A Halifax family doctor states fear of contracting COVID-19 should not stop people who do not have a family doctor from seeking the healthcare they need.
” We’re in a time of chaos and it’s very tough to believe clearly,” states Maria Patriquin. “So, I believe (addressing this concern) requires a high degree of clarity and simplicity so that individuals know what to do when they have a health-care concern.”
Where to gain access to general health care
There are numerous ways people without a family practitioner can access healthcare for non-COVID health issues while remaining safe.
The very first alternative is a walk-in clinic.
” They have really limited hours so it is very important to check their websites to learn if they’re staffed for a specific time,” Patriquin says.
Calling ahead is essential as walk-in centers are evaluating everyone looking for care to guarantee they don’t have actually signs associated with COVID-19 such as a cough, fever or problem breathing.
Another option for non-emergency care is calling811
Pharmacies are also using virtual or in-person evaluations for small ailments such as nausea and minor muscle and joint pain. Individuals need to contact their drug store in advance to discover more about fees for this service.
Pharmacists can also recommend medication for shingles, straightforward urinary system infections and birth control. Those assessments are covered by MSI.
What to do in an emergency situation
A representative for the NSHA said in an e-mail that people without a family practitioner should call 911 or head to the closest emergency clinic in case of a non-COVID related health emergency.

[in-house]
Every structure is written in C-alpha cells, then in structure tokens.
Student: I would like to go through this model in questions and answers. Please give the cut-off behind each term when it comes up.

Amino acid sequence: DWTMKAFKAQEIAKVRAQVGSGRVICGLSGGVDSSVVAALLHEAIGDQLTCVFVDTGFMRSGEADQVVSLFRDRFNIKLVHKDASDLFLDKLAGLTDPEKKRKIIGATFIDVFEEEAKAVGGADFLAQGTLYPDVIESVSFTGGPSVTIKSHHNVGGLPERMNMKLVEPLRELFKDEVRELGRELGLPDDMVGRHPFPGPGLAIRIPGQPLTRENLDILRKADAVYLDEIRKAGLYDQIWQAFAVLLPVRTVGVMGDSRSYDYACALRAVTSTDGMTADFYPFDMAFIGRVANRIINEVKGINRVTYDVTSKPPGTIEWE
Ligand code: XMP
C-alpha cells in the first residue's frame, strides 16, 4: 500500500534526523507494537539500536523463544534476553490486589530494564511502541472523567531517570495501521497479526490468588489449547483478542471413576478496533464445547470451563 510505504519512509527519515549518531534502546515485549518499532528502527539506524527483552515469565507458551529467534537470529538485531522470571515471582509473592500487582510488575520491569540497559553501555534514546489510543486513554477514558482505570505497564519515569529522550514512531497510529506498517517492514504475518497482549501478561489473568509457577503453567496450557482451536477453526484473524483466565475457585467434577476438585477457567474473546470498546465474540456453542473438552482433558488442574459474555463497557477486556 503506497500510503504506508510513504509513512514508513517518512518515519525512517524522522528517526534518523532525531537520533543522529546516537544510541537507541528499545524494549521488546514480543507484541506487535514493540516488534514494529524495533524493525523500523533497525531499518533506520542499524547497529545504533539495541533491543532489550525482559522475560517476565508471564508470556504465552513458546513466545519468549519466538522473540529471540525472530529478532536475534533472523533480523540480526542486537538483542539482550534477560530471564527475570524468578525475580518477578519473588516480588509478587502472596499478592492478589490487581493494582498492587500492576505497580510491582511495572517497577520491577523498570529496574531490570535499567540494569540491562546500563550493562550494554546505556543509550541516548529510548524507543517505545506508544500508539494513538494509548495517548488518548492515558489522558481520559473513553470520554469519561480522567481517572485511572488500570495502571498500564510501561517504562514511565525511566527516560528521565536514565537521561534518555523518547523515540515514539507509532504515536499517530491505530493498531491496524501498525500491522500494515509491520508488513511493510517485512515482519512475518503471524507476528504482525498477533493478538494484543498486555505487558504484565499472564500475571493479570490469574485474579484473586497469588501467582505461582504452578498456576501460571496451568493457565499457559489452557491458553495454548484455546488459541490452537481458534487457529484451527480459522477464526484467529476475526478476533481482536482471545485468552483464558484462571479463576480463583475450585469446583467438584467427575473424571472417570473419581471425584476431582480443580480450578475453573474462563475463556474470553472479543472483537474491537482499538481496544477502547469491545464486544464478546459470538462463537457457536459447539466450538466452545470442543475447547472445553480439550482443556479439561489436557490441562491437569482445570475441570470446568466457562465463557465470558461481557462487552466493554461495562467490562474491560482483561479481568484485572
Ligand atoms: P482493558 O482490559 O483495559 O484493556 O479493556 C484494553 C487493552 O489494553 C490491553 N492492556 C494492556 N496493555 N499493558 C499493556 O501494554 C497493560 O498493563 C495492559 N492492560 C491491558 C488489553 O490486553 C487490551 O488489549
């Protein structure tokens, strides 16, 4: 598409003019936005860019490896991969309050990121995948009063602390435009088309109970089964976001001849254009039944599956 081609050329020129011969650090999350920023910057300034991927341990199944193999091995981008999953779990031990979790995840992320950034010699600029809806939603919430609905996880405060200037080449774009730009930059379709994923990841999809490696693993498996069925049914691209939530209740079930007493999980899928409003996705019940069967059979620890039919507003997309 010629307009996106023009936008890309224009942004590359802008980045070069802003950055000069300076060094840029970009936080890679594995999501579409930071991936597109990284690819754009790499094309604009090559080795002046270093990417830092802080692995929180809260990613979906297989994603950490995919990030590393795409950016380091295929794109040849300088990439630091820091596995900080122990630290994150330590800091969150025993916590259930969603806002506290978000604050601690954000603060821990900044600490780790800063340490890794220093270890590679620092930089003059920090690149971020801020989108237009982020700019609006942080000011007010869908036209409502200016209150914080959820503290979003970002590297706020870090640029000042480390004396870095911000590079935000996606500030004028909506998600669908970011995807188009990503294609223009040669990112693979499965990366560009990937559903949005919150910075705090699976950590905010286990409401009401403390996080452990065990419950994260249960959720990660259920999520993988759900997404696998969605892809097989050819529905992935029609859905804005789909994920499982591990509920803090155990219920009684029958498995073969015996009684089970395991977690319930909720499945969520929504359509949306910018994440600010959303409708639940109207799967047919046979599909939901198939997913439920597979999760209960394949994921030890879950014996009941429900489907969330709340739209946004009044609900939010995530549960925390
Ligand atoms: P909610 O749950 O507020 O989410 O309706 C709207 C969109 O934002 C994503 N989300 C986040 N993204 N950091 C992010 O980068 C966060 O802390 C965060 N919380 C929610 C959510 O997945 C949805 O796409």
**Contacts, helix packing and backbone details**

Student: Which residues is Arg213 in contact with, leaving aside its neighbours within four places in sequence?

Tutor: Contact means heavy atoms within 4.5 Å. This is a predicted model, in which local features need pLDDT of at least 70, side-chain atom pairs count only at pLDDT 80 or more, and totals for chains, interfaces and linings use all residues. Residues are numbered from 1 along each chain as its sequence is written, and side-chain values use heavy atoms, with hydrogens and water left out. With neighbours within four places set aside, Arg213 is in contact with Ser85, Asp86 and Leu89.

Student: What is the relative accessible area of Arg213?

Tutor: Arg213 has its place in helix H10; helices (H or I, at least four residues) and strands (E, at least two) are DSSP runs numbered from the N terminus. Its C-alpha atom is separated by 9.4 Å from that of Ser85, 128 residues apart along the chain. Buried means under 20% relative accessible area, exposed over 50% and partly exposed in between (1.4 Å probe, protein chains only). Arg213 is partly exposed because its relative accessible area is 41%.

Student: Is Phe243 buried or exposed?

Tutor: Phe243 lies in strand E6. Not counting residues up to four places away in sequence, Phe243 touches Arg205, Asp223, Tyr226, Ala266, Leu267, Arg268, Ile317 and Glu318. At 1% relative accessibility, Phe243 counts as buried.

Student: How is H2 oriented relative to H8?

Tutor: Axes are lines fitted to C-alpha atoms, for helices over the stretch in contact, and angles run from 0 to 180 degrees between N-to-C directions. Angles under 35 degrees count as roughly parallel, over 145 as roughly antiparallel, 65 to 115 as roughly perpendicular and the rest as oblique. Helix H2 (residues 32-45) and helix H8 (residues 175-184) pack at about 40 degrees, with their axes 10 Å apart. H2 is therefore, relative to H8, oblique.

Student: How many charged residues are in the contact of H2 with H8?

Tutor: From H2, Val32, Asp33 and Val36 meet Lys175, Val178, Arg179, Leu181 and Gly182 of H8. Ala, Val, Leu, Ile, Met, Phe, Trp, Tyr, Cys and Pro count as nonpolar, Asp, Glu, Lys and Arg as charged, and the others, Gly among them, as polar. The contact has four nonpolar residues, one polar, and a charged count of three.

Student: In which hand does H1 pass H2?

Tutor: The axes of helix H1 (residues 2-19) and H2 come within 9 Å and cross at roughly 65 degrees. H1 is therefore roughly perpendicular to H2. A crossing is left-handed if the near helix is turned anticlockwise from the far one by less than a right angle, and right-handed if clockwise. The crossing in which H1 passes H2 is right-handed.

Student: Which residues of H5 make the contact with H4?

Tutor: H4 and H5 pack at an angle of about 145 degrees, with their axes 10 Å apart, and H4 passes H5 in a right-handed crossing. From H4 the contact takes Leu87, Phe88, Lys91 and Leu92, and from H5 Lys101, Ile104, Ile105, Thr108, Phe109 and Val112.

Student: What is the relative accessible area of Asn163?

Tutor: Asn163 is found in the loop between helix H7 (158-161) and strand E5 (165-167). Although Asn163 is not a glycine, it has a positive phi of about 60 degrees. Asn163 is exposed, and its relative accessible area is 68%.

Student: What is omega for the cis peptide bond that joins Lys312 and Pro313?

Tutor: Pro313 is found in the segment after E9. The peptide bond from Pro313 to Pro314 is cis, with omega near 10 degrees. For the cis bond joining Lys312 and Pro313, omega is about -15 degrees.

” I believe individuals are worried that they’ll be waiting a long period of time or that (the emergency clinic) will be really crowded which’s not true,” states Patriquin.
While some individuals are at greater danger of severe illness from COVID-19 such as those identified with cardiovascular or breathing illness, Patriquin says people shouldn’t await their symptoms to get worse before seeking care.
” The issue is that there are going to be individuals that will succumb to those diseases before they succumb to COVID due to the fact that of not having the medical attention that they need.”
It can be tough for people to understand if their condition requires going to the emergency room or a walk-in center. Patriquin states people can determine how severe a situation is by being more mindful of their health.
” If you’re 50 and you’re having chest discomforts and other signs constant with cardiac conditions, then the more secure thing is for you to seek the care of an emergency clinic, but if you’re generally fit you’re more unlikely to (have cardiovascular disease).”
Interim primary care access
The clinics are short-term and will decrease demands on emergency departments by addressing health issues that can be treated in a family practice setting, according to an email from the NSHA medical care team.
The Northern health zone, where the clinics were developed, has the second-highest proportion of people without a family practice in the province, according to a report by the NSHA. The zone includes Colchester East Hants, Cumberland, and Pictou County.
Nova Scotians who live in these areas and are signed up to the Need a Family Medicine Registry can get in touch with the centers straight to schedule a virtual or in-person consultation with a physician or nurse professional.
Medical care gain access to centers in Glace Bay, Halifax, Kentville and Lunenburg do not offer this service.
Individuals on the windows registry are called directly by these centers, chronologically, based on the order they have actually included their names to the windows registry and according to the capacity of each clinic to see new patients.